Finding a New Home for a Rabbit
- Post an ad on Rescue Me and set a minimum price of $25. Many people will gladly take free or cheap rabbits to make stew, feed to snakes, or allow dogs to kill or terrorize them. Use the potential adoption questions below as a guide to help find the right home.
- Contact the local SPCA at (214) 742-7722.
- Find links and information from the House Rabbit Society page at Finding a Home for an Unwanted Rabbit.
- Contact us at email@example.com. We can help you keep your house rabbit.
- Do NOT release a rabbit outside. Domestic rabbits dumped in this way usually die horrific deaths due to predatory animals, starvation, or exposure to weather conditions. They are domesticated and are NOT able to survive on their own.
- Do NOT list rabbits on Craigslist or the newspaper classifieds for free or a "cheap price." As stated above, set a minimum price of at least $25. This fee will help exclude them from ending up on someone's plate, as a meal for their pet reptile, or used as a "toy" for their dog to kill and torment.
To screen people who answer your ad, imagine what kind of home you want for your rabbit, and then stick to your ideal. Engage the caller in a conversation about their past pets to find out what they're looking for in a pet. Explain that you are asking questions because you want the new owner and the rabbit to be happy. Feel free to use the following questions when screening for new homes for your rabbit.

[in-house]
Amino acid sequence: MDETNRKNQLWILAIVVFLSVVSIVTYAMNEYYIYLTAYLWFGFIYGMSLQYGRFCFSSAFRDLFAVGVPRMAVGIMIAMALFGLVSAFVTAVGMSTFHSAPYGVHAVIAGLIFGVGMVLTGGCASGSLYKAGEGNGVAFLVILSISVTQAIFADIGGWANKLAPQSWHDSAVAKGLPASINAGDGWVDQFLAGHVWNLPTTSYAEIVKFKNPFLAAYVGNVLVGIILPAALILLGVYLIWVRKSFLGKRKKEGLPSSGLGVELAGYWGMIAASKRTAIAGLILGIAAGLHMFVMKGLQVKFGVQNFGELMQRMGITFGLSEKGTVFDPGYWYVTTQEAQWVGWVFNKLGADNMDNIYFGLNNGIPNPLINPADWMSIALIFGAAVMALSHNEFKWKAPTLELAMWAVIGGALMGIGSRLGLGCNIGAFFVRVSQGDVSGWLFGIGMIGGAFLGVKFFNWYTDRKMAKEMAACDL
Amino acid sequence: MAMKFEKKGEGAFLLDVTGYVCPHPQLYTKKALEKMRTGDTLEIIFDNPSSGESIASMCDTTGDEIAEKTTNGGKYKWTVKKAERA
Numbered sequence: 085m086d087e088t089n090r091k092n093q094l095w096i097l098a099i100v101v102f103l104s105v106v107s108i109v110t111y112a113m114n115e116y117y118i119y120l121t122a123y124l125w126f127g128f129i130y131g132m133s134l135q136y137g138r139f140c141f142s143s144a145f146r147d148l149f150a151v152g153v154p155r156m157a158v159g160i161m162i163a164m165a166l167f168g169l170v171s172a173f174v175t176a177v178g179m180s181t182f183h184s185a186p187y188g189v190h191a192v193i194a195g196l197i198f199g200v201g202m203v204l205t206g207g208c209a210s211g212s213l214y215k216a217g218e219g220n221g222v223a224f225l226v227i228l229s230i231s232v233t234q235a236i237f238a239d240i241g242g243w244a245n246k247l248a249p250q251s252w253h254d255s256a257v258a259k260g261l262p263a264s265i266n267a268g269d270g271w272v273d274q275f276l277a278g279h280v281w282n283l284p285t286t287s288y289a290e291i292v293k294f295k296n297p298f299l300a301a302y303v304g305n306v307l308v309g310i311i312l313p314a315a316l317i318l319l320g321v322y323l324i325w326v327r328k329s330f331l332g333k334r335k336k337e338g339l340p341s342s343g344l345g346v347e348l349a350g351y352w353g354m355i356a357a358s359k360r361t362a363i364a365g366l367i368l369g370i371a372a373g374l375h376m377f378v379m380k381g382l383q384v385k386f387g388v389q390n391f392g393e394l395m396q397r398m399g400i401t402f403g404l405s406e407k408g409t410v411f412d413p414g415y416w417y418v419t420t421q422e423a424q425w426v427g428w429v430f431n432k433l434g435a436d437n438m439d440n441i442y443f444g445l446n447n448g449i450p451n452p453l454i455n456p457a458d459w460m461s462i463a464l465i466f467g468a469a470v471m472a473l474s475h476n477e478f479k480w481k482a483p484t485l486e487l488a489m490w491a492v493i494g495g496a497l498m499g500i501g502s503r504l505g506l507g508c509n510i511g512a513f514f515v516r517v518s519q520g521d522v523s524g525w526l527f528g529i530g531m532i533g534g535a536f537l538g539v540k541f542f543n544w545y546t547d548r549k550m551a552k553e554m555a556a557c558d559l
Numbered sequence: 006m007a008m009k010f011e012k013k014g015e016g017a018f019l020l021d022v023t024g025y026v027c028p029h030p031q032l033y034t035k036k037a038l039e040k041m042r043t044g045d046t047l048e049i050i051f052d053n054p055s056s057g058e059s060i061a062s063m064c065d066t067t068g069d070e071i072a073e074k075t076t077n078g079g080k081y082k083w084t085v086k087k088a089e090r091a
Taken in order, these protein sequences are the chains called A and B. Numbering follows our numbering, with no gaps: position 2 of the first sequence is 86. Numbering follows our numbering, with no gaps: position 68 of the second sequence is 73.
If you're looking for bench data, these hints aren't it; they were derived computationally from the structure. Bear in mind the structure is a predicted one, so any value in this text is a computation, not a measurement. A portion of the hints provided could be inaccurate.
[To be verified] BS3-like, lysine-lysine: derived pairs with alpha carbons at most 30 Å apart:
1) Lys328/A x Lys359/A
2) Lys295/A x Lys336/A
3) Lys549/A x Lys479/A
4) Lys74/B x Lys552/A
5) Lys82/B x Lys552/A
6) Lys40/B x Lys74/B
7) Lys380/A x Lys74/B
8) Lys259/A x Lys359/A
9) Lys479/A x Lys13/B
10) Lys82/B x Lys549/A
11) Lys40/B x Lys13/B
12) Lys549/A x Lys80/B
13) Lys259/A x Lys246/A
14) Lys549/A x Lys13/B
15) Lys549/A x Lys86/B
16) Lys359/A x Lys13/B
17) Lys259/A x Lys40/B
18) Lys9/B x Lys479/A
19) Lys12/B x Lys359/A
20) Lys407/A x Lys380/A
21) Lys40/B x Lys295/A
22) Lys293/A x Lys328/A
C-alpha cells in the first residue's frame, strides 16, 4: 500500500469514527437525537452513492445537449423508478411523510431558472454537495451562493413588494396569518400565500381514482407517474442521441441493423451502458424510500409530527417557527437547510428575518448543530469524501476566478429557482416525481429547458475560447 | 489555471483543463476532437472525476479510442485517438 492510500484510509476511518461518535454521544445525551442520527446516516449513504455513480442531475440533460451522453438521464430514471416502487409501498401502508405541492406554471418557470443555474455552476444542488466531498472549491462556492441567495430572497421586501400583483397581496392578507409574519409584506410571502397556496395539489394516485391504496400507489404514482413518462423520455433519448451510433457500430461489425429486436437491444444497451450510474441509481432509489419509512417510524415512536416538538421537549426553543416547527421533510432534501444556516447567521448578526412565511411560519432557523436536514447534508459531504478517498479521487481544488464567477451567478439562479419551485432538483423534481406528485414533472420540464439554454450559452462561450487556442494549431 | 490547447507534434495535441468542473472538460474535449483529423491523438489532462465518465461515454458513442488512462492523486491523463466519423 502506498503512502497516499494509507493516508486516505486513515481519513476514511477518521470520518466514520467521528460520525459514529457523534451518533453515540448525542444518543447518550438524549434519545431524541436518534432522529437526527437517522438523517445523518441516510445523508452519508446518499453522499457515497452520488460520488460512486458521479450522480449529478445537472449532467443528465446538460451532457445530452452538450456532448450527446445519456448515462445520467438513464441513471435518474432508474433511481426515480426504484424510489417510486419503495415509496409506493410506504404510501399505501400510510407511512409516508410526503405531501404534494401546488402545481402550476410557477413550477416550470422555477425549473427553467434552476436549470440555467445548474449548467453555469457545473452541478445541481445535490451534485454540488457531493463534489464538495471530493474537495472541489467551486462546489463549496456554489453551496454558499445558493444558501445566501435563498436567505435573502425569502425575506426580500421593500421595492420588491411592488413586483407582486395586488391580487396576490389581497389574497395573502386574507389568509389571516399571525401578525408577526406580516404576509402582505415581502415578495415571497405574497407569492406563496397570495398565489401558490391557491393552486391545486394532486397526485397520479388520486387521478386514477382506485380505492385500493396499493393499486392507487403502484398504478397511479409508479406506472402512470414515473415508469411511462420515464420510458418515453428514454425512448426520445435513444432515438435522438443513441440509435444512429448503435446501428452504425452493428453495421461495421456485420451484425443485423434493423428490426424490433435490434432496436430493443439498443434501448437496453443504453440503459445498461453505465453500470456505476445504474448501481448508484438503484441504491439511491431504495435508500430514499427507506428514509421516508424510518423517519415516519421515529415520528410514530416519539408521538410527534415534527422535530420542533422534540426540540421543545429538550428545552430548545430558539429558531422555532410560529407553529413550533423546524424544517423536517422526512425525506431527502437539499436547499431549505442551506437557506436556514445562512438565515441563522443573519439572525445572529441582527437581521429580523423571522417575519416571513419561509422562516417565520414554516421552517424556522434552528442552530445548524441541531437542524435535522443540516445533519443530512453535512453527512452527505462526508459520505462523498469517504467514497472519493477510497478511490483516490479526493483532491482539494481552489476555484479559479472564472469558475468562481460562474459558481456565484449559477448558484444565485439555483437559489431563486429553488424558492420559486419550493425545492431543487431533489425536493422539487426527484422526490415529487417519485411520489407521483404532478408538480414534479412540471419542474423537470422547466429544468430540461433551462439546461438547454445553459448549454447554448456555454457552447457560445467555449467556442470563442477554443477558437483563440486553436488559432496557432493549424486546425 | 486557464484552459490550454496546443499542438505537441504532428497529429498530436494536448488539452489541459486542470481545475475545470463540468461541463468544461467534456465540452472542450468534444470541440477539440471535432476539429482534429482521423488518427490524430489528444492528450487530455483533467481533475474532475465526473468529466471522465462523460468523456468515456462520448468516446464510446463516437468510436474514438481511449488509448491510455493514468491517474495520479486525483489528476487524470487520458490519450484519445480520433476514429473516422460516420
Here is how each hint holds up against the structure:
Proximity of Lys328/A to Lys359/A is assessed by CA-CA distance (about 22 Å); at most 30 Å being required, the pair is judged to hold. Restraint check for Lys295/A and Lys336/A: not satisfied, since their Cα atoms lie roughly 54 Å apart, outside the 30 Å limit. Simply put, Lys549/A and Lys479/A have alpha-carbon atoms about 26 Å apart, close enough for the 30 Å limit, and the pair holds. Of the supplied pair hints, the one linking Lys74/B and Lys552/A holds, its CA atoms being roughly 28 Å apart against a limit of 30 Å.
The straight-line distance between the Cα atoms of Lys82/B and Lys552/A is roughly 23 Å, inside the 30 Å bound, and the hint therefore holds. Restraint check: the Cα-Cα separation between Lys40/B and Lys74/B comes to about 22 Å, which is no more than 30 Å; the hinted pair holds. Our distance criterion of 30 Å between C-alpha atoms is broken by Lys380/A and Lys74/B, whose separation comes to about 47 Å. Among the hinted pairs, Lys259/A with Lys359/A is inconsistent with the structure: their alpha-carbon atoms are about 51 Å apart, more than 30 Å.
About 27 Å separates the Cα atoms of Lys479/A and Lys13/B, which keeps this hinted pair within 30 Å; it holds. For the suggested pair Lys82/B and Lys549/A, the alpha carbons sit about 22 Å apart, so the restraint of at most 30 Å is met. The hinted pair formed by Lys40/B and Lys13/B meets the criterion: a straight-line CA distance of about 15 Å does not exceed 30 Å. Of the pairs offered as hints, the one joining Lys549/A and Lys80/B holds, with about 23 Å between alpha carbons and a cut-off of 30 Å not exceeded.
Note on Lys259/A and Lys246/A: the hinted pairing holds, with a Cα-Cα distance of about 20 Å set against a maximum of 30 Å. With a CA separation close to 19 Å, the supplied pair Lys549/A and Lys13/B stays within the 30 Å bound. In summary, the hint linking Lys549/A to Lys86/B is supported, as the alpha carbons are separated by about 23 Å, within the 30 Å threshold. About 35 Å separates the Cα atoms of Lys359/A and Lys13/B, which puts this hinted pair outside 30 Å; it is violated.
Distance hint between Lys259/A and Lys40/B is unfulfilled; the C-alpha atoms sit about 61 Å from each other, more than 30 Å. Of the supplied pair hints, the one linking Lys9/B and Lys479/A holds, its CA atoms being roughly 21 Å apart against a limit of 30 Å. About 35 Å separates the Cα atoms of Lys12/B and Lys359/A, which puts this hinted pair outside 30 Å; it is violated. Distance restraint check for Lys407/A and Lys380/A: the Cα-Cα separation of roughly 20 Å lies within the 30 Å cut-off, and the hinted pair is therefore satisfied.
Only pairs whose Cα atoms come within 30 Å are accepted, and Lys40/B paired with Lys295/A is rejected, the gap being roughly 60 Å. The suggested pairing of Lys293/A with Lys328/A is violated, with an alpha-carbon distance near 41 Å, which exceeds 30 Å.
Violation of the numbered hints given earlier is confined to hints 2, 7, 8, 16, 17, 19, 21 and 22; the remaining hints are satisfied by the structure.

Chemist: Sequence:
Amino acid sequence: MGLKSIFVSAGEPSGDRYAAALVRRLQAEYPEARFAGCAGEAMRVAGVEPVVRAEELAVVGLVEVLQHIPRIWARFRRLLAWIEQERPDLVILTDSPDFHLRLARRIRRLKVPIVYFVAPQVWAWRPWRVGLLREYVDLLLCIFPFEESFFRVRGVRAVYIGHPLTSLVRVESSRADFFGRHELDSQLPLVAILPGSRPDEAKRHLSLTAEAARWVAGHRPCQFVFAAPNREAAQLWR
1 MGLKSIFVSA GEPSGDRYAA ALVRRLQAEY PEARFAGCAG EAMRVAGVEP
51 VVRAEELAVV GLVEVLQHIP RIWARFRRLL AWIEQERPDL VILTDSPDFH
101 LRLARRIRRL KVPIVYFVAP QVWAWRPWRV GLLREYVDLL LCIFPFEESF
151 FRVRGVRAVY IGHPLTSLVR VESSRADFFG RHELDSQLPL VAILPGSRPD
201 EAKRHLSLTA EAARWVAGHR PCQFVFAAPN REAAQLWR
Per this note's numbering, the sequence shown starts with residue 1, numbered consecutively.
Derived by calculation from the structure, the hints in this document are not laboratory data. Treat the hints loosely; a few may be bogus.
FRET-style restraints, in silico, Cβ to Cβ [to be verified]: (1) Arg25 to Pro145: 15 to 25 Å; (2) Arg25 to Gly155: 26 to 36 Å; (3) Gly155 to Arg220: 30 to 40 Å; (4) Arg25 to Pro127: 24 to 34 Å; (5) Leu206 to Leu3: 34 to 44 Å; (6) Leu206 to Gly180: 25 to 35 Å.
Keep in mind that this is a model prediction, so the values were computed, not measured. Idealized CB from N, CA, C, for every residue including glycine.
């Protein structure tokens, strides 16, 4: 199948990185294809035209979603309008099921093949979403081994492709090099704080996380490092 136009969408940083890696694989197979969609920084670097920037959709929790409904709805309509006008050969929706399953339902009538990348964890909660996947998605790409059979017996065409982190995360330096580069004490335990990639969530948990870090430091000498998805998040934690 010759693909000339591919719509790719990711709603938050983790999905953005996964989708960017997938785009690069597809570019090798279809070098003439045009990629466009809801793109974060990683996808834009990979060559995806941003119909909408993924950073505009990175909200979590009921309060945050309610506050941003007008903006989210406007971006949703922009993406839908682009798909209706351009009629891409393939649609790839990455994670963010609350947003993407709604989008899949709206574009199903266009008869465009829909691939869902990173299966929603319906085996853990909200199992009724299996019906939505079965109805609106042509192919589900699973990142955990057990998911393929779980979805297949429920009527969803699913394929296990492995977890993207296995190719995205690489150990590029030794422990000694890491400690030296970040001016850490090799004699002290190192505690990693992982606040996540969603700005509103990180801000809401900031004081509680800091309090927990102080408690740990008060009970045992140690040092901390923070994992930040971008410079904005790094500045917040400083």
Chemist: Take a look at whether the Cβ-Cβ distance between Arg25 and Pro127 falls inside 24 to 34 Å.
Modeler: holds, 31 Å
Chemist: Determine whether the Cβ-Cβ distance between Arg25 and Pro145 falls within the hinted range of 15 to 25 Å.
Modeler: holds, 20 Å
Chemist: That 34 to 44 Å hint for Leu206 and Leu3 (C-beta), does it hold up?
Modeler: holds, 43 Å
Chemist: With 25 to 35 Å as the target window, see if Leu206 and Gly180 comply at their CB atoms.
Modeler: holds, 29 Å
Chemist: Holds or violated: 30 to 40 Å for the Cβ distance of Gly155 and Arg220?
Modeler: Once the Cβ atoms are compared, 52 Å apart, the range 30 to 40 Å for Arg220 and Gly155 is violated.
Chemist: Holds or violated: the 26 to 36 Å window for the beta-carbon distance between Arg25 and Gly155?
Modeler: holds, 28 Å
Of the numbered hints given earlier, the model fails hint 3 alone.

- Which adult(s) in the family will be the primary caretaker(s)?
- Are you prepared for a possible 10-year commitment to this rabbit?
- Does everyone in your family want a rabbit?
- Rabbits are considered exotic animals and their veterinary care is expensive; bills can easily reach hundreds of dollars. Are you prepared to provide this level of care, should it be necessary for your pet?
- Is anyone in your home allergic to rabbits or hay?
- Do you have an appropriately sized cage (or x-pen) and necessary supplies?
- Is your home "bunny-proofed?"
- Do you have animals that could endanger the rabbit? (Rabbits can die even when only frightened by a predator.)
- Have you had a rabbit before? Where is it now?
- Will you be able to supervise any children around this rabbit?
- Are you allowed to have rabbits in your house/apartment?
- If you move, get married, have a baby, or if the kids lose interest, are you prepared to keep your rabbit?